Check back soon on Now at The Met to find out which highlights from the collection we will present in the late fall and winter!

Related Link
Drawings and Prints: Selections from The Met Collection, on view at The Met Fifth Avenue from July 19 through October 24, 2016

Allison Rudnick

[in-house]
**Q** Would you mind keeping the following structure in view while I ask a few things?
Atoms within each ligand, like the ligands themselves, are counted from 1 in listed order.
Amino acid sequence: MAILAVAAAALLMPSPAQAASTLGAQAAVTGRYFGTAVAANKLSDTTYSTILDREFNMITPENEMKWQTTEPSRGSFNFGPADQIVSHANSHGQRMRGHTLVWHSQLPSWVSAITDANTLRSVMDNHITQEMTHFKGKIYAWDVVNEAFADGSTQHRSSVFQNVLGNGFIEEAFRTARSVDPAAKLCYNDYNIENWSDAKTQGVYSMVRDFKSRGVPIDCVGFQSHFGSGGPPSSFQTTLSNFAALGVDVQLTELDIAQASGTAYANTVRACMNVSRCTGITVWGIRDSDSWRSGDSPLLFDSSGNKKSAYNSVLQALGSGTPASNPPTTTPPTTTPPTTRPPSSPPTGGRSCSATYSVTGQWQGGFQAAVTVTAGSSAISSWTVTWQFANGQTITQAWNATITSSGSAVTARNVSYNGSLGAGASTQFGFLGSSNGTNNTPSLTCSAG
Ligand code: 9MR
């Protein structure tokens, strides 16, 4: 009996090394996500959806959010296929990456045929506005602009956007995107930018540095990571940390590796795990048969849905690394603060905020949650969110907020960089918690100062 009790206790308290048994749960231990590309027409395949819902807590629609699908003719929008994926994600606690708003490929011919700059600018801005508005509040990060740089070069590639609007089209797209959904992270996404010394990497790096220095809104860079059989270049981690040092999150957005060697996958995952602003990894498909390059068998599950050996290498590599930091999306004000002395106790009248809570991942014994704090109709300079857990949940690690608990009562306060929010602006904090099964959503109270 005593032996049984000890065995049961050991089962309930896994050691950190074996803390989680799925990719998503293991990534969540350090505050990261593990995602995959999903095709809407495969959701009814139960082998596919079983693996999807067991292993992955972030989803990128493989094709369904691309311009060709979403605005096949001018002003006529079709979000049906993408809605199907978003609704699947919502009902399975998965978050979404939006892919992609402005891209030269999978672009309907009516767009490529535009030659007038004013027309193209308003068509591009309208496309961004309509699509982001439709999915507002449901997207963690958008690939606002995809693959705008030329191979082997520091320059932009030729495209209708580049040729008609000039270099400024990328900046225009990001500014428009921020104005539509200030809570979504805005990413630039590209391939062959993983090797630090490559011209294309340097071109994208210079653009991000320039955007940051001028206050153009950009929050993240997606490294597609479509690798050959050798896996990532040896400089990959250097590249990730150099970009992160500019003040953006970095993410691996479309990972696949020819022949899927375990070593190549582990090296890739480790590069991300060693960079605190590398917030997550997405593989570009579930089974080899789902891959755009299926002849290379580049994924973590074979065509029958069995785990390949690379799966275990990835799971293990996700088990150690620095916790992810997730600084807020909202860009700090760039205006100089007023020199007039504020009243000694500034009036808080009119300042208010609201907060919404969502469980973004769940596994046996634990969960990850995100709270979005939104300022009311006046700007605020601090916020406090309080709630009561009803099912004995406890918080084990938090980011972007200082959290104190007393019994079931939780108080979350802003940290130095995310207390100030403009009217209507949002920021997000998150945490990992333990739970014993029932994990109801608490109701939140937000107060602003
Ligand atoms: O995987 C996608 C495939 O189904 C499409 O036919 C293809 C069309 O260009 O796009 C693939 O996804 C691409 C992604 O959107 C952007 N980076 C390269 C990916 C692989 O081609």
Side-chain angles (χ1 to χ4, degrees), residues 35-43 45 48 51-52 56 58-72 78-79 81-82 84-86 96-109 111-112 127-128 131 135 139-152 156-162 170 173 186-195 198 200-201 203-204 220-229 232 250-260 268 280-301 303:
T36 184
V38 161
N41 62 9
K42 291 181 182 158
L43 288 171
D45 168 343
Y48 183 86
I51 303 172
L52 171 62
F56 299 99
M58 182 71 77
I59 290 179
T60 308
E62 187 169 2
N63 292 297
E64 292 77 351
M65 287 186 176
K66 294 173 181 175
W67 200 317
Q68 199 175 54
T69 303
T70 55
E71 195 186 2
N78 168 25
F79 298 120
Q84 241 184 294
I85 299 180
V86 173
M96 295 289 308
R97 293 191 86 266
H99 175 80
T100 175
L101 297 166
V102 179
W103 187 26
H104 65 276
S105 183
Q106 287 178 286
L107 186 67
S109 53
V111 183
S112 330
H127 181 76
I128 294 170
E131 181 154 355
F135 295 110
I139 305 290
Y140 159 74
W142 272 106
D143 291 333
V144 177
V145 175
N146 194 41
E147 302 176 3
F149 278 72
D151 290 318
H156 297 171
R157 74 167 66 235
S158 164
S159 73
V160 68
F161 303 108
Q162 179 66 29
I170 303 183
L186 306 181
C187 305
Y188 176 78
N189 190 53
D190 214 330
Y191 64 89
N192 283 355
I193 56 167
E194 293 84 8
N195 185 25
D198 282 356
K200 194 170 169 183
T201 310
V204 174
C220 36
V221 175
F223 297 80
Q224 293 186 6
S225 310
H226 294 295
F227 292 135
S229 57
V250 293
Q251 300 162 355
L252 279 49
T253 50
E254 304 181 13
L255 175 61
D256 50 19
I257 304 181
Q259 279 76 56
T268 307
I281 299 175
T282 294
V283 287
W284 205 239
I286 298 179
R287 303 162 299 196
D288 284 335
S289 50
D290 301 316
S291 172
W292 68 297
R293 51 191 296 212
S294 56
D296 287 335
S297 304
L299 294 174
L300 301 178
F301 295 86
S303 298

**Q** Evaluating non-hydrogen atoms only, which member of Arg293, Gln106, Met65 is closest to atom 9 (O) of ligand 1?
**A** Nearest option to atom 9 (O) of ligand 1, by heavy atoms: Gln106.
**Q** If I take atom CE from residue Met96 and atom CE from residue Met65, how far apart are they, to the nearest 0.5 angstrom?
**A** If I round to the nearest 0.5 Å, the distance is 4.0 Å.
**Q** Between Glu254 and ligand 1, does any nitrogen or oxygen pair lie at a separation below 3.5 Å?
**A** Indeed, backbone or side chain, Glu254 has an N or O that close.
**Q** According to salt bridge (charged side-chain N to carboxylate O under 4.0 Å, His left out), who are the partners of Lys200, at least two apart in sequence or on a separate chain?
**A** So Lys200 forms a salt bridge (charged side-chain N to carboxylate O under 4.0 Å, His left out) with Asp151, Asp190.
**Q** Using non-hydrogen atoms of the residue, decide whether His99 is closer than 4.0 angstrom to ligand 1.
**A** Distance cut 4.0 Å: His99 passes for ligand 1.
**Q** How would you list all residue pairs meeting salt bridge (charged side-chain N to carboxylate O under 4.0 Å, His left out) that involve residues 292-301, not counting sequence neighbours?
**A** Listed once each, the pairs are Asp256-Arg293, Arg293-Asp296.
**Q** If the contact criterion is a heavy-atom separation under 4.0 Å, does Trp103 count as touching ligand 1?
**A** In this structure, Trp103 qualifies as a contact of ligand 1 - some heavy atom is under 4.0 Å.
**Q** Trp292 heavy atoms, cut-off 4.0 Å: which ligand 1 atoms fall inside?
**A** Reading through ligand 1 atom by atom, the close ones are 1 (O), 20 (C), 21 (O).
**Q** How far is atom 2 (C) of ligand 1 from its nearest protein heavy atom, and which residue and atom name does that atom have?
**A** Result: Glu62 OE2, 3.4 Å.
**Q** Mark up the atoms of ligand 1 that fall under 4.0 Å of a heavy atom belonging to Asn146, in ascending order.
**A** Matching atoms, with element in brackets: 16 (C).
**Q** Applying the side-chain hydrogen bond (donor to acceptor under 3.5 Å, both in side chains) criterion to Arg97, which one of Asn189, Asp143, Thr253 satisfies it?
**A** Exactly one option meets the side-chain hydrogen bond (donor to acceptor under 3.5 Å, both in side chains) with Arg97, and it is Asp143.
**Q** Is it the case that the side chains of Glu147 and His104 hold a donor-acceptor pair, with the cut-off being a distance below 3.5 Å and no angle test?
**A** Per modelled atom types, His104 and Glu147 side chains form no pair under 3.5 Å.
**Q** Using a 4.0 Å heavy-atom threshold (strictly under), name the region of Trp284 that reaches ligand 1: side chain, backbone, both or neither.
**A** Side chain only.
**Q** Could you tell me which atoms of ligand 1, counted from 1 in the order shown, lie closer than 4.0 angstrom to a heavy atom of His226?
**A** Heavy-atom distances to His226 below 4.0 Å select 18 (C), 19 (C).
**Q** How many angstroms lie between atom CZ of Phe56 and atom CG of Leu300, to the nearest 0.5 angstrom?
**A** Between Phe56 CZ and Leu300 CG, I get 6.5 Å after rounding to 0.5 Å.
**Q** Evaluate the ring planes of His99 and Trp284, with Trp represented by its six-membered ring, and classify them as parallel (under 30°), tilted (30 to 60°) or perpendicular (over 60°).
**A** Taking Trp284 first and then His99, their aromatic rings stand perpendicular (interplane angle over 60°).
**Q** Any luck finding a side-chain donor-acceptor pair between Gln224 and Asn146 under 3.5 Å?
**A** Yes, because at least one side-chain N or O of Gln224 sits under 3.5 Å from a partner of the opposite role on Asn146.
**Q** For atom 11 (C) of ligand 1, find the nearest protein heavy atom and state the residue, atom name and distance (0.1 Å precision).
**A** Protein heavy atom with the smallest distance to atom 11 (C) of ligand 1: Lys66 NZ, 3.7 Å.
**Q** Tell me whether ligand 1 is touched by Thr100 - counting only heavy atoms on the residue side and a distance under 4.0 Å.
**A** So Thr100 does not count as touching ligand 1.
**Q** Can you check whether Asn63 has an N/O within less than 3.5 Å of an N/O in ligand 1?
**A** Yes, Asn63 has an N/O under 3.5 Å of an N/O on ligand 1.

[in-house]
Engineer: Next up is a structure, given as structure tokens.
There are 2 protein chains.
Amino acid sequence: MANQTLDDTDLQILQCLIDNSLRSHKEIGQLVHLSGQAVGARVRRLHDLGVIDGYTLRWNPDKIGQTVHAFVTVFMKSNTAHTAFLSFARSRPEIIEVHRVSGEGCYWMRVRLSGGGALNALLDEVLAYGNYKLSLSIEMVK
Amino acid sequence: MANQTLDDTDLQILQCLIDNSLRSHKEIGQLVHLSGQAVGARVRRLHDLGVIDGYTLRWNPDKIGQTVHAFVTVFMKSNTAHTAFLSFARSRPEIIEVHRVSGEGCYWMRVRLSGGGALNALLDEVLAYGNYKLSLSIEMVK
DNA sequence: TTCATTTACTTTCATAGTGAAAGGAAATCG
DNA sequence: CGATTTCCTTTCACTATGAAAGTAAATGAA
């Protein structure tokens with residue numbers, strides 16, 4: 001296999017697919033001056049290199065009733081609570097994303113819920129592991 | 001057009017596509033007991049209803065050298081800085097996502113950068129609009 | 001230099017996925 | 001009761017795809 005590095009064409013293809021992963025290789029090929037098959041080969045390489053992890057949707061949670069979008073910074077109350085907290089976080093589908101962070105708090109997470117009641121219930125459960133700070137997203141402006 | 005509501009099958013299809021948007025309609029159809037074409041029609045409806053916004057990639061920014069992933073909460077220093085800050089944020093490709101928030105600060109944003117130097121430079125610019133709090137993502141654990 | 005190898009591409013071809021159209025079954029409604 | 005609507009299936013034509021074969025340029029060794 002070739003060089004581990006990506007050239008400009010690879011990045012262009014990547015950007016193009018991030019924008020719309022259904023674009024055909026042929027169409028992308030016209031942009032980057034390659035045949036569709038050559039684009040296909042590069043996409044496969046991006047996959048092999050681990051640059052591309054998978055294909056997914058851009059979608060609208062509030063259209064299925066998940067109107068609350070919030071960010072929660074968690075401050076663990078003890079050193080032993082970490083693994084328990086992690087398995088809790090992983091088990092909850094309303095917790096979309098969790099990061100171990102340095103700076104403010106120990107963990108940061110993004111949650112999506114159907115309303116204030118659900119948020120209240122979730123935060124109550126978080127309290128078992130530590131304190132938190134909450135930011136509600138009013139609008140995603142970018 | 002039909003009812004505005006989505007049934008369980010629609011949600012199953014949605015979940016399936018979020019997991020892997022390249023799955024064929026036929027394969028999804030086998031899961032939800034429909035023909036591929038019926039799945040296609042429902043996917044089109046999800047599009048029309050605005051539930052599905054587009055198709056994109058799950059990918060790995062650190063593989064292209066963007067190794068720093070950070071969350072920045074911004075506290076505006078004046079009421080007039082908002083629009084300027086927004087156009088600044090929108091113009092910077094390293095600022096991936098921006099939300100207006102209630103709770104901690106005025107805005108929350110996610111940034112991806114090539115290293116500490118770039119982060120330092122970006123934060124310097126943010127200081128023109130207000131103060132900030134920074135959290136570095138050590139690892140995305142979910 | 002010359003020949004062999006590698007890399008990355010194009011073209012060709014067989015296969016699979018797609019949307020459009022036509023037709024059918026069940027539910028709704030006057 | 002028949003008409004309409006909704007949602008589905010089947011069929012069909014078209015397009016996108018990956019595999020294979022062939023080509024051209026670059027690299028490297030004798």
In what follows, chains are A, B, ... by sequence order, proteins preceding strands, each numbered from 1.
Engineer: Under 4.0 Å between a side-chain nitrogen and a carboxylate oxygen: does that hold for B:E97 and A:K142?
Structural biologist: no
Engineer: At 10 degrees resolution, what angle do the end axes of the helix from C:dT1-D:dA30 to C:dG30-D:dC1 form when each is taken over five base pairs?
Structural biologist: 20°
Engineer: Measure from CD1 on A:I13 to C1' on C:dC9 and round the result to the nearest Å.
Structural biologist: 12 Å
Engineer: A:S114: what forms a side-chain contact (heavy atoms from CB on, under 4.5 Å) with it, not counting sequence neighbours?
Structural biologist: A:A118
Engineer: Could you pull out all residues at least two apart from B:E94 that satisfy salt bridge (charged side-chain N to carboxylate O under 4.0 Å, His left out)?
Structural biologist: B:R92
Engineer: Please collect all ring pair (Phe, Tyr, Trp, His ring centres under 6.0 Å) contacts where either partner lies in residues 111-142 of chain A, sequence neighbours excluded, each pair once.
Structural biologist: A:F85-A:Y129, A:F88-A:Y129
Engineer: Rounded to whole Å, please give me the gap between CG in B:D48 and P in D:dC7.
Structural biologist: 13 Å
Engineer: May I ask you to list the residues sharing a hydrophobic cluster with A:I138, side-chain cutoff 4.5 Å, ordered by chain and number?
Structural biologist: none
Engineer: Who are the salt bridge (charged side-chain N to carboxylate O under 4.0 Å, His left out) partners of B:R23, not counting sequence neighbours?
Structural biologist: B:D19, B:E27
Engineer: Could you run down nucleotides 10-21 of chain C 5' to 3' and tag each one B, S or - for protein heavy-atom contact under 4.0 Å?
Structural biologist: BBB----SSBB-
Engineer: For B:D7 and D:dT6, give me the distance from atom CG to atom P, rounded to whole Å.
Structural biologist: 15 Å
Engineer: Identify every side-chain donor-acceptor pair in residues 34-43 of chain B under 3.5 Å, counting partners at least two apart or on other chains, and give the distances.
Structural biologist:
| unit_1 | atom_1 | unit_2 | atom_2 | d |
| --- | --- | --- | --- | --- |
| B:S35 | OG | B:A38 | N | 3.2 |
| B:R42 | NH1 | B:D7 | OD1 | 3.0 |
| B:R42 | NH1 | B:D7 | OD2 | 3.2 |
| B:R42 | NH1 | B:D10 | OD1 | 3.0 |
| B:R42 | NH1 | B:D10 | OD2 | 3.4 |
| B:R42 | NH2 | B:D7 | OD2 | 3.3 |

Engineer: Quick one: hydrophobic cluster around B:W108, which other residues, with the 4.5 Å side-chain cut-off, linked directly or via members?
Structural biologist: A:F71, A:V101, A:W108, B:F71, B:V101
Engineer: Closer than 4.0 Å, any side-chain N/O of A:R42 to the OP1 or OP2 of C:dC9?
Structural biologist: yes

Associate Curator Allison Rudnick manages the Study Room for Drawings and Prints and oversees the ephemera collection. She joined the department as a research assistant in 2012 and has held positions at the print shop Harlan & Weaver and the Whitney Museum of American Art. Active in the field of contemporary printmaking, she is a frequent contributor to Art in Print and serves as treasurer for the Association of Print Scholars. She holds a BA from Connecticut College and an MPhil from the Graduate Center of the City University of New York, where she is a PhD candidate.